So before anyone else buys the latest DOC report that their prisoners are just up to no good again, let's look at the other possible reasons for this kind of exceptionally rare outbreak to have occurred twice in the same prison in just a few months period of time (mind you - there were only 110 cases of botulism poisoning in the entire US in 2010 - only 9 of which were food-borne). Even if this batch of botulism really came from an alcoholic beverage cooked up in a cell and not a can of beef stew or something smuggled out of the chow hall, I'd be looking at what they're selling in the canteen theses days, boys. Something those guys are eating in that prison just isn't right.

"SOS from Arizona's other death row..."
 Phoenix, AZ (June 2012) 

 The Arizona Department of Corrections is already facing a class action suit, Parsons v Ryan, for gross medical neglect of its prisoners and the abuse of solitary confinement for managing the mentally ill. For their part, Wexford Health Sources has been outright accused of criminal misconduct in their management of AZ state prisoner health care since wining the contract in July 2012. If the CDC doesn't really look into things this time, who can the public trust to do so?

--------------from Food Poisoning Bulletin----------- 

Prison Hooch Sends 7 Inmates To ICU with Botulism

Food Poisoning Bulletin
November 26, 2012


Prison hooch, or homemade alcohol,  is the likely source of a botulism outbreak at an Arizona prison that sent seven inmates to intensive care. The seven inmates, all from Special Management Unit 1 of the Arizona State Prison Complex Eyman in Florence, were hospitalized over the weekend.

Botulism is not spread through person-to-person contact. Although it can develop in contaminated wounds or through IV drug use, it most often develops after eating or drinking food that is tainted with the toxin. Botulism poisoning  must be treated with a course of special anti-toxin, the stockpile of which is controlled by the Centers for Disease Control and Prevention (CDC).

Health officials in Pinal County, where the prison is located, suspect that the inmates became ill after drinking  hooch made from fermented fruit. After discussions with county health officials, the CDC made a preliminary confirmation of botulism and released the anti-toxin. Samples of the hooch were collected and sent to the CDC lab for testing.

Five of the inmates became seriously ill on Saturday and two more fell ill on Sunday. All seven are in intensive care. Symptoms of botulism poisoning, which can be fatal, include: muscle weakness, difficulty speaking, chewing, swallowing and breathing; and paralysis.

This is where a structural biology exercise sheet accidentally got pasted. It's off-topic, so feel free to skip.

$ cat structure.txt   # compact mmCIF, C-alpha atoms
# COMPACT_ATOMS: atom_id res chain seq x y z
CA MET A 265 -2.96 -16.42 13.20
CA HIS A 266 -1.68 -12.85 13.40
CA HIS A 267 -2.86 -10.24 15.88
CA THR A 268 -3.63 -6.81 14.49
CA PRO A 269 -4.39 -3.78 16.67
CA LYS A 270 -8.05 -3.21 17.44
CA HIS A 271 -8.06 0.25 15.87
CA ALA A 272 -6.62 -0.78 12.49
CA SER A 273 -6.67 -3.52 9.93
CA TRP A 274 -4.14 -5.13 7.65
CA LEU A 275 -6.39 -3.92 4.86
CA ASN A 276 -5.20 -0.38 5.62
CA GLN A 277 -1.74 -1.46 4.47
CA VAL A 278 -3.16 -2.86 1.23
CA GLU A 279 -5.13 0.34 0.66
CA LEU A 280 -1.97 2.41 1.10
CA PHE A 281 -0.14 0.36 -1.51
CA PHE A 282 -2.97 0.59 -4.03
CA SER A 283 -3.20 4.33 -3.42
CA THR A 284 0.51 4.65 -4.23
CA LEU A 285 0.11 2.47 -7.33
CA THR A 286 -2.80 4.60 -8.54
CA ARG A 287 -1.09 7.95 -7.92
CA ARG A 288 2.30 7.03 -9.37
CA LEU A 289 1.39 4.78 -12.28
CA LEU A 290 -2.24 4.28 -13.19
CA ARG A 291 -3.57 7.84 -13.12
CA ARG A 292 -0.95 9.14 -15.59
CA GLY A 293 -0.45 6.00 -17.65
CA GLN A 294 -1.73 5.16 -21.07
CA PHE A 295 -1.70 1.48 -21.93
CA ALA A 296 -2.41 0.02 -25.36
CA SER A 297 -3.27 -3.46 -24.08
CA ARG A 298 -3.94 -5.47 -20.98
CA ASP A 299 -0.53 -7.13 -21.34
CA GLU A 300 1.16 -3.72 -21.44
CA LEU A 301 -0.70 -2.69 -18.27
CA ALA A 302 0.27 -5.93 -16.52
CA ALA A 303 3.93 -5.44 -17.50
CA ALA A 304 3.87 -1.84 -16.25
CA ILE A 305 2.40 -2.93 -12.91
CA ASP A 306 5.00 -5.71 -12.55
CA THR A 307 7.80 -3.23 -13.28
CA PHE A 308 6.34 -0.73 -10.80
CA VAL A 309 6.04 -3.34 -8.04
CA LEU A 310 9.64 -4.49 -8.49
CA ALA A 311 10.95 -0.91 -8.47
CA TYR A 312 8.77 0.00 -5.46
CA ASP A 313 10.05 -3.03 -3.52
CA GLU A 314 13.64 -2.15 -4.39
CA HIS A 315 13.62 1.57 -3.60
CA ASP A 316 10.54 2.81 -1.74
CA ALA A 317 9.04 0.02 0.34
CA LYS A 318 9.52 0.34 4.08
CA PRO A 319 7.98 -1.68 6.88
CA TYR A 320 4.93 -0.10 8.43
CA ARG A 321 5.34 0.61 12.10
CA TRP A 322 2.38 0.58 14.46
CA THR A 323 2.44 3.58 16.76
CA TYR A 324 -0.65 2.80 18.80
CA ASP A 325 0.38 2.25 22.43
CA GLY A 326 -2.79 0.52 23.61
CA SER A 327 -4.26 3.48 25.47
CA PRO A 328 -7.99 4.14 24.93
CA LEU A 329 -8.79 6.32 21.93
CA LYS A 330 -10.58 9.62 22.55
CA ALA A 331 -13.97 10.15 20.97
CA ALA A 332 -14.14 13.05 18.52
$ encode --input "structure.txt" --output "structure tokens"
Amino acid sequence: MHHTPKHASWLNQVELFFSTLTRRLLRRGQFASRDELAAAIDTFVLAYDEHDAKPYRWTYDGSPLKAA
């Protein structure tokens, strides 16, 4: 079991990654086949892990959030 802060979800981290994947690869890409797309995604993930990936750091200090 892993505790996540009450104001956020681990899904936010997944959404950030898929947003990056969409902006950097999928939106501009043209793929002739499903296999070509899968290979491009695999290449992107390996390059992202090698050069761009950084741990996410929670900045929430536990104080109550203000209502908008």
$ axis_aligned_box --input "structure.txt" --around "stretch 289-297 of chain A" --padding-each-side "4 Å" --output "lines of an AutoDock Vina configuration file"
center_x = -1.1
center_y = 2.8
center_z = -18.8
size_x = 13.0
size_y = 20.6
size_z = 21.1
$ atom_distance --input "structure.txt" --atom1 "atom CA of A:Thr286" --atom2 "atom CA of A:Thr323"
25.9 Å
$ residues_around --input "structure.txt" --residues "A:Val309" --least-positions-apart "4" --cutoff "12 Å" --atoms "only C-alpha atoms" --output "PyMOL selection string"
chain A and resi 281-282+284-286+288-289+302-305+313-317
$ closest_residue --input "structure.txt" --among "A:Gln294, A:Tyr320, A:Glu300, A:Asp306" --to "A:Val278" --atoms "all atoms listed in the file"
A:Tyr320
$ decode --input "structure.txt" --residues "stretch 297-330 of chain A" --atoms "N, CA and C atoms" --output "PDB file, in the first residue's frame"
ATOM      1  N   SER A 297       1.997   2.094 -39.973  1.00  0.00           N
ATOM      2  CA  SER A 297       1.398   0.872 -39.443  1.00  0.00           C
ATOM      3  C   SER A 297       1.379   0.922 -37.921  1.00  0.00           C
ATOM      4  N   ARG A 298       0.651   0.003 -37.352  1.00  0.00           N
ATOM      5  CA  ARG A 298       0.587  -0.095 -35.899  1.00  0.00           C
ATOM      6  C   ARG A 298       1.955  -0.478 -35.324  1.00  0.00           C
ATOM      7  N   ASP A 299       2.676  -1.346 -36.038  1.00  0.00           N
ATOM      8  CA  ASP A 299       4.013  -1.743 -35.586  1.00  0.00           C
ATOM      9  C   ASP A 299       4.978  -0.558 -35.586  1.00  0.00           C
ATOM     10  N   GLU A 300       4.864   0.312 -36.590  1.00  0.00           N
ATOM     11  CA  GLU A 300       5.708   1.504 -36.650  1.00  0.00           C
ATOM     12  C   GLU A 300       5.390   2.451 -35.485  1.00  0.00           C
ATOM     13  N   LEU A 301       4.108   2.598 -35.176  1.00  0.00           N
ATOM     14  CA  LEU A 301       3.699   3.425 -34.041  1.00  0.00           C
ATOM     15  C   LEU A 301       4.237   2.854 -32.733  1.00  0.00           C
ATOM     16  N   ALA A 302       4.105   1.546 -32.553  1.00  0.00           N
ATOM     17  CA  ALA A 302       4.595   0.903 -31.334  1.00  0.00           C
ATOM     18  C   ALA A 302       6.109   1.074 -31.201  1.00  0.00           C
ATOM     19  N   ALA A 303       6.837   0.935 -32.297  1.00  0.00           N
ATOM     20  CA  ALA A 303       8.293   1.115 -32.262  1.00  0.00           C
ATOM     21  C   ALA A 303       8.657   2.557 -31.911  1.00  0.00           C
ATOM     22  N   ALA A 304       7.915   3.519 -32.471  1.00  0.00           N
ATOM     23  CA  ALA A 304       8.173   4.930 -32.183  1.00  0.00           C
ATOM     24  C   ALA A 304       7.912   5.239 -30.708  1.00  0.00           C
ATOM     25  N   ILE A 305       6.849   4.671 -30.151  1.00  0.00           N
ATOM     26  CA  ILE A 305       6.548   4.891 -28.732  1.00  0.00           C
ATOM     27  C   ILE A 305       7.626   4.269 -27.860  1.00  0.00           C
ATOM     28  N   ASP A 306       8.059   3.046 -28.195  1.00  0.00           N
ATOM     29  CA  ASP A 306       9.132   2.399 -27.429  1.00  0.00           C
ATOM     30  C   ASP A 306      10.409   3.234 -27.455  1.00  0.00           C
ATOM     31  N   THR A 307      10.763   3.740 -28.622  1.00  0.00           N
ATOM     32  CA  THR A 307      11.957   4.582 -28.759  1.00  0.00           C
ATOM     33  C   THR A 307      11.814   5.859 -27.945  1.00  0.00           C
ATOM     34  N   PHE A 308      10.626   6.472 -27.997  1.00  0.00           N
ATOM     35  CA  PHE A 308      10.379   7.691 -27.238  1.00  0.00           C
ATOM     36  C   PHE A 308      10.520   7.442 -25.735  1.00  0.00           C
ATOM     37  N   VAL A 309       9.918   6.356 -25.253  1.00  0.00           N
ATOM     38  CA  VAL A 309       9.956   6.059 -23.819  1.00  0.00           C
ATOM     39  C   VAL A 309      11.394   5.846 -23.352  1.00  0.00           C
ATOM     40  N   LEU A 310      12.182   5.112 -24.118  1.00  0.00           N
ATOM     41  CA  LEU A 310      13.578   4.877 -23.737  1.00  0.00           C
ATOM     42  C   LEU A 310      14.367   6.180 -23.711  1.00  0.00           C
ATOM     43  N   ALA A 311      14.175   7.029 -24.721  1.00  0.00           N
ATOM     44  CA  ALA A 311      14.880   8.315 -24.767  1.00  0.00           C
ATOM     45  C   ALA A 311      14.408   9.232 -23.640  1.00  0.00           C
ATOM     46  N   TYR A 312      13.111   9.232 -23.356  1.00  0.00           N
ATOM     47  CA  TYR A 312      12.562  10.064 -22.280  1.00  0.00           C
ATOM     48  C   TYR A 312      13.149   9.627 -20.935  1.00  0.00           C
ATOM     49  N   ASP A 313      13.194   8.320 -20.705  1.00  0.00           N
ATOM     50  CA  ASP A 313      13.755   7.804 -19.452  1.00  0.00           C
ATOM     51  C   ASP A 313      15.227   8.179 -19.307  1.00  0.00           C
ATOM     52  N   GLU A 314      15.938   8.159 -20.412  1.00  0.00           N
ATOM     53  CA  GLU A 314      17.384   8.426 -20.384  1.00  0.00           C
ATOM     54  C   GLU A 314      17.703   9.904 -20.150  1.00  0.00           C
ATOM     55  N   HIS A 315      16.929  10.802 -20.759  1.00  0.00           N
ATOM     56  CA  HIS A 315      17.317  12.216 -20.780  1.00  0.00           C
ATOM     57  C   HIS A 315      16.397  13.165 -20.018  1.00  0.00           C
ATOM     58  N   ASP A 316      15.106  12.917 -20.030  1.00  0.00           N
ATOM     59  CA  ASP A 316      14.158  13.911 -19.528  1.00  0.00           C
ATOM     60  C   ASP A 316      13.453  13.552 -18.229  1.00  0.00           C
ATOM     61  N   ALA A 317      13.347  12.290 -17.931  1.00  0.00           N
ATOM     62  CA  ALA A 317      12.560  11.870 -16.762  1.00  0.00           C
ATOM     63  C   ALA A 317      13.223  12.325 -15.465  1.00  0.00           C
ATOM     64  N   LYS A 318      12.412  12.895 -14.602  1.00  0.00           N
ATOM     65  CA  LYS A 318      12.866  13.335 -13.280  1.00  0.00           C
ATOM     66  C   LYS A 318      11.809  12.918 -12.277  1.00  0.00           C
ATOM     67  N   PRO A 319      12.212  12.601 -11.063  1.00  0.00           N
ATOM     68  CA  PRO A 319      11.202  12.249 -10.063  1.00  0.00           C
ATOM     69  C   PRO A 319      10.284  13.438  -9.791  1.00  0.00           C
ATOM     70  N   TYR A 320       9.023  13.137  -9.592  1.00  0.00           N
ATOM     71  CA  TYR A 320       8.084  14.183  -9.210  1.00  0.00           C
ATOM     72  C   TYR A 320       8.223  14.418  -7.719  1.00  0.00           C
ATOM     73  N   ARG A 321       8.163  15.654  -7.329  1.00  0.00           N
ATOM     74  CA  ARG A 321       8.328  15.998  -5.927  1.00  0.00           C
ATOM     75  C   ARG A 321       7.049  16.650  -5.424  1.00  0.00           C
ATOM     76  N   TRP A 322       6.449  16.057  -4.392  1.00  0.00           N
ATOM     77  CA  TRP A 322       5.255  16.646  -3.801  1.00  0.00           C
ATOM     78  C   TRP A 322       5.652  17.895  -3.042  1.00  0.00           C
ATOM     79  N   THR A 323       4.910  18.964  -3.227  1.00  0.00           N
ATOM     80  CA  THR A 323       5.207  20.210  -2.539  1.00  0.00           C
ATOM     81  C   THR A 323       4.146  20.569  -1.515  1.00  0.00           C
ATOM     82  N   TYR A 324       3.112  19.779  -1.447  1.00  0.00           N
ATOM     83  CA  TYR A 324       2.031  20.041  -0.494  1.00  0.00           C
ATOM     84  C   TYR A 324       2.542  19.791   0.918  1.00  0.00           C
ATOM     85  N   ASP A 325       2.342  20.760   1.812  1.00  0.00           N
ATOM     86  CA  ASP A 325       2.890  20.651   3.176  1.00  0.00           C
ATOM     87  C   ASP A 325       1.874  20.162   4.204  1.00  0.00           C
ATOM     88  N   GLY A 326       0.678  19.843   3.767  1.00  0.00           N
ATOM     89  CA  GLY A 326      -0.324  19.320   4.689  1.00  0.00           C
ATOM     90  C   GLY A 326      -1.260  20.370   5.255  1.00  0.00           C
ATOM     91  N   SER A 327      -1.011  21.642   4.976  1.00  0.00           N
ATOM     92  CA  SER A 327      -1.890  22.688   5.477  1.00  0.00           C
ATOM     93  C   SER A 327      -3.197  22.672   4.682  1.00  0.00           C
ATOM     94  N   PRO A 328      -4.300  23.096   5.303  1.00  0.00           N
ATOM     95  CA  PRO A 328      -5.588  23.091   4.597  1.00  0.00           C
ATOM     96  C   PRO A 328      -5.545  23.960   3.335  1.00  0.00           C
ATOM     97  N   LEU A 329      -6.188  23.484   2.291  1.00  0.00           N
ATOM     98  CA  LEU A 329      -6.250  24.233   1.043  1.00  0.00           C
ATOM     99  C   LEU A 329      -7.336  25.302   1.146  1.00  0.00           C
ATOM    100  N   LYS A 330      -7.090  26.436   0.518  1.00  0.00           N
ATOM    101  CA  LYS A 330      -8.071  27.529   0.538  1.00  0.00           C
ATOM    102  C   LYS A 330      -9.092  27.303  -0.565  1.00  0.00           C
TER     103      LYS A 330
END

County, state and federal authorities are working on the investigation into the outbreak. This is the second time in four months that such and incident has occurred at the prison. In August, four inmates contracted botulism from prison hooch.

Tuesday, November 20, 2012

Arpaio's deaths in custody: settling Deborah Braillard.

This is hardly justice for what the MCSO did to this woman and her family, and to the many who never manage to hold them responsible for abuse, neglect, and the conditions of confinement. I want to know what happens to the employees most culpable for her death...including Arpaio - does this mean the county (read: the taxpayers)  covers the civil liability, and the people who actually killed her get off scott free? I never even heard anything about personnel being disciplined in this case...

Veteran's Day Phoenix, 2012.


Maricopa County OKs $3.25M settlement in inmate death

By JJ HensleyThe Republic | azcentral.comTue Nov 20, 2012 10:00 AM
Maricopa County on Tuesday approved paying $3.25 million to settle a lawsuit over the 2005 death of a diabetic inmate.
County supervisors, by a 3-1 vote, approved the on-again, off-again settlement involving Deborah Braillard.
The settlement was scheduled to be approved in mid-October, but the vote was postponed after an anti-Sheriff Joe Arpaio protest disrupted a meeting of the Maricopa County Board of Supervisors as the settlement was being considered. At a subsequent meeting, the supervisors deadlocked 2-2, killing the deal and setting the stage for the case to go back to trial.
The county already had spent $2.2 million defending the case.